Anti-Semitism, anti-Zionism and anti-Americanism are becoming linked and ever more rabid in today's Europe. They arise from a kind of blindness, combined with a strange mixture of alienation, guilt and fear toward both Israel and America.
Millions of Europeans resist seeing Israel as a country fighting for its survival. Israel cannot afford to lose one major war, as it would mean the end of the Jewish state. But huge numbers of Europeans believe that something is fundamentally wrong with the Israelis: they never compromise; they prefer using military means to solve political problems.
Something similar is behind the European attitude toward the US. Look at Europe, many Europeans say, we have eradicated wars, dangerous nationalism and dictatorships. We created a peaceful European Union. We do not wage war; we negotiate. We do not exhaust our resources on weapons. The rest of the planet should learn from us how to live together without terrorizing each other.
As a Swede, I have heard such pacific boasting all my life: that neutral Sweden is a moral superpower. Now this bragging has become the EU's ideology. We are the moral continent. Call this the "Swedenization" of Europe.
Yes, today's EU is a miracle for a continent where two modern totalitarian movements -- communism and Nazism -- unleashed rivers of blood. But what Europe forgets is how those ideologies were overcome. Without the US Army, Western Europe would not have been liberated in 1945. Without the Marshall Plan and NATO, it would not have taken off economically. Without the policy of containment under America's security umbrella, the Red Army would have strangled the dream of freedom in Eastern Europe, or brought European unity, but under a flag with red stars.
Western Europeans also forget that some areas of the world have never known freedom. In many places, torture chambers are the rules of the game, not the grotesque and shameful mistakes of ill-supervised troops. Any attempt in such places to go behave the European way and negotiate -- without the military power needed to back up diplomacy -- would be pathetic.
Instead of supporting those who fight international terrorism, many Europeans try to blame the spread of terrorism on Israel and the US. This is a new European illusion. Spain's latter day appeasement a la Munich arises from this thinking.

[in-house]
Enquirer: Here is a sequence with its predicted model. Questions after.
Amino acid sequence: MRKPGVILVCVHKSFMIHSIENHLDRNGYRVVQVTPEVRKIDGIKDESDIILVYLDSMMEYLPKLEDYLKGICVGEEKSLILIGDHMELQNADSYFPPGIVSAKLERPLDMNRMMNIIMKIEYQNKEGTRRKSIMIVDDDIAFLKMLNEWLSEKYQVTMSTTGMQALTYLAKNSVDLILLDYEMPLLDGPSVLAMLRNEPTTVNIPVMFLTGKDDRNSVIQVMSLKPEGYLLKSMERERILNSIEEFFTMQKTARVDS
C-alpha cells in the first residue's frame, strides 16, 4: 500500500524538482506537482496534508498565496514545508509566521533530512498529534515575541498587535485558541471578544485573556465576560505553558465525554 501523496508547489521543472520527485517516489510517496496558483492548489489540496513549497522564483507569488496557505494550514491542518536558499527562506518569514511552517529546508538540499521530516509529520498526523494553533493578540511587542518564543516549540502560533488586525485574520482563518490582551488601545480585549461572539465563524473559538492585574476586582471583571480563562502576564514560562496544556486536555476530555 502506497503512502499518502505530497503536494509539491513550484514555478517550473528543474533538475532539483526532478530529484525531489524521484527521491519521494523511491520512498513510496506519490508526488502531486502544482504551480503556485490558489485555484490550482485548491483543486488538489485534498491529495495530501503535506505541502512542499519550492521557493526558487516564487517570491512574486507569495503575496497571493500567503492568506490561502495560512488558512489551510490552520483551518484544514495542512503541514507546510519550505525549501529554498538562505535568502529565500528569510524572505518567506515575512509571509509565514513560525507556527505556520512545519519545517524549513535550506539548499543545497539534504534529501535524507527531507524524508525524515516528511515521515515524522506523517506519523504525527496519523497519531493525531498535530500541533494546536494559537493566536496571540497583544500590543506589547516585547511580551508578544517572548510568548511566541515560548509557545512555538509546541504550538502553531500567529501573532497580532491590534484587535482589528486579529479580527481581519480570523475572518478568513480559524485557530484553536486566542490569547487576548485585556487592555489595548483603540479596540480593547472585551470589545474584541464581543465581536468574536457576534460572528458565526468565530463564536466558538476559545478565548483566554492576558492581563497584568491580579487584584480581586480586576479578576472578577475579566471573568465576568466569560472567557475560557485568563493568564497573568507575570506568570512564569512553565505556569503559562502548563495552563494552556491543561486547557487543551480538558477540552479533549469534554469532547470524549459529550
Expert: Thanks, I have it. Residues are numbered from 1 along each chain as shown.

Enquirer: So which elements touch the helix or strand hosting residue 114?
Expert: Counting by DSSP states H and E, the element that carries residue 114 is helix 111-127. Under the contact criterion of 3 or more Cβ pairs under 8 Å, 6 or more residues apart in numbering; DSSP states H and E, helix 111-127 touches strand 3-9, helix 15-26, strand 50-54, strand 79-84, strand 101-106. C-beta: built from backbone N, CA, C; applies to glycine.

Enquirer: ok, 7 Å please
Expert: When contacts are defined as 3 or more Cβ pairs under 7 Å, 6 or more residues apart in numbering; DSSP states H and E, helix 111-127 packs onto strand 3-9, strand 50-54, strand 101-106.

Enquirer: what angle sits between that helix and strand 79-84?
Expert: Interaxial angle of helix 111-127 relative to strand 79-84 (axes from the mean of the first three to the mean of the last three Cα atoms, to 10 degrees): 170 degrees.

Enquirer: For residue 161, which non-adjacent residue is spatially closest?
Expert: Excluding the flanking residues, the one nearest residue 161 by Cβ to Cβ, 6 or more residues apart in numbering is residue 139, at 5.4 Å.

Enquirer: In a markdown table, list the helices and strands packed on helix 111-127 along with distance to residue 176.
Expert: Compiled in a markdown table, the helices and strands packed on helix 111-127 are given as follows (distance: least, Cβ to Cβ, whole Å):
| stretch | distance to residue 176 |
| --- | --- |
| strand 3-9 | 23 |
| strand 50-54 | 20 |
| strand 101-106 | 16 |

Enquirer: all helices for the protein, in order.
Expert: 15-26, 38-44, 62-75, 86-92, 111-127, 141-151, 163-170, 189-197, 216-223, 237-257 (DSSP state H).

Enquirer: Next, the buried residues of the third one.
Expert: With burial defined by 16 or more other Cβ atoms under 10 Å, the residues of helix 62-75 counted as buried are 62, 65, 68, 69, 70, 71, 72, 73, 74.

But what if Spain and Europe as a whole had reacted in the opposite way to the Madrid train bombing of April, saying: "We promise that because of that slaughter we will double our support for stabilization in Iraq by sending twice as many troops, experts, engineers, teachers, policemen, doctors and billions of euros in support of allied forces and their Iraqi co-workers." The triumph of terrorists would have been transformed into a triumph of the war on terror.
The images many Europeans hold of America and Israel create the political climate for some very ugly bias. You have the Great Satan and the Small Satan. America wants to dominate the world -- exactly the allegation made in traditional anti-Semitic rhetoric about the Jews. Indeed, modern anti-Zionist rhetoric portrays Israel's goal as domination of the Middle East. Such ideas are reflected in opinion polls in which Europeans claim that Israel and the US are the true dangers to world peace.
Ian Buruma, the British writer, claims that this European rage against America and Israel has to do with guilt and fear. The two world wars led to such catastrophic carnage that "never again" was interpreted as "welfare at home, non-intervention abroad." The problem with this concept is that it could only survive under the protection of American might.
Extreme anti-Americanism and anti-Zionism are actually merging. The so-called peace poster "Hitler Had Two Sons: Bush and Sharon," displayed in European anti-war rallies, combines trivialization of Nazism with demonization of both the victims of Nazism and those who defeated Nazism.
Much of this grows from a subconscious European guilt related to the Holocaust. Now the Holocaust's victims -- and their children and grandchildren -- are supposedly doing to others what was done to them. By equating the murderer and the victim, we wash our hands.
This pattern of anti-Zionism and anti-Americanism returns again and again. "The ugly Israeli" and "the ugly American" seem to be of the same family. "The ugly Jew" becomes the instrumental part of this defamation when so-called neoconservatives are blamed both for American militarism and Israeli brutalities and then selectively named: Wolfowitz, Perle, Abrams, Kristol, etc. This is a new version of the old myth that Jews rule the US.
Earlier this year, the editor of Die Zeit, Josef Joffe, put his finger on the issue: like Jews, Americans are said to be selfish and arrogant. Like Jews, they are in thrall to a fundamentalist religion that renders them self-righteous and dangerous. Like Jews, Americans are money-grubbing capitalists, for whom the highest value is the cash nexus. "America and Israel are the outsiders -- just as Jews have been all the way into the 21st century," Joffe says.
The links between anti-Semitism, anti-Zionism and anti-Americanism are all too real. Unless Europe's leaders roundly condemn this unholy triple alliance, it will poison Middle East politics and trans-Atlantic relations alike.
Per Ahlmark is a former deputy prime minister of Sweden.
Copyright: Project Syndicate
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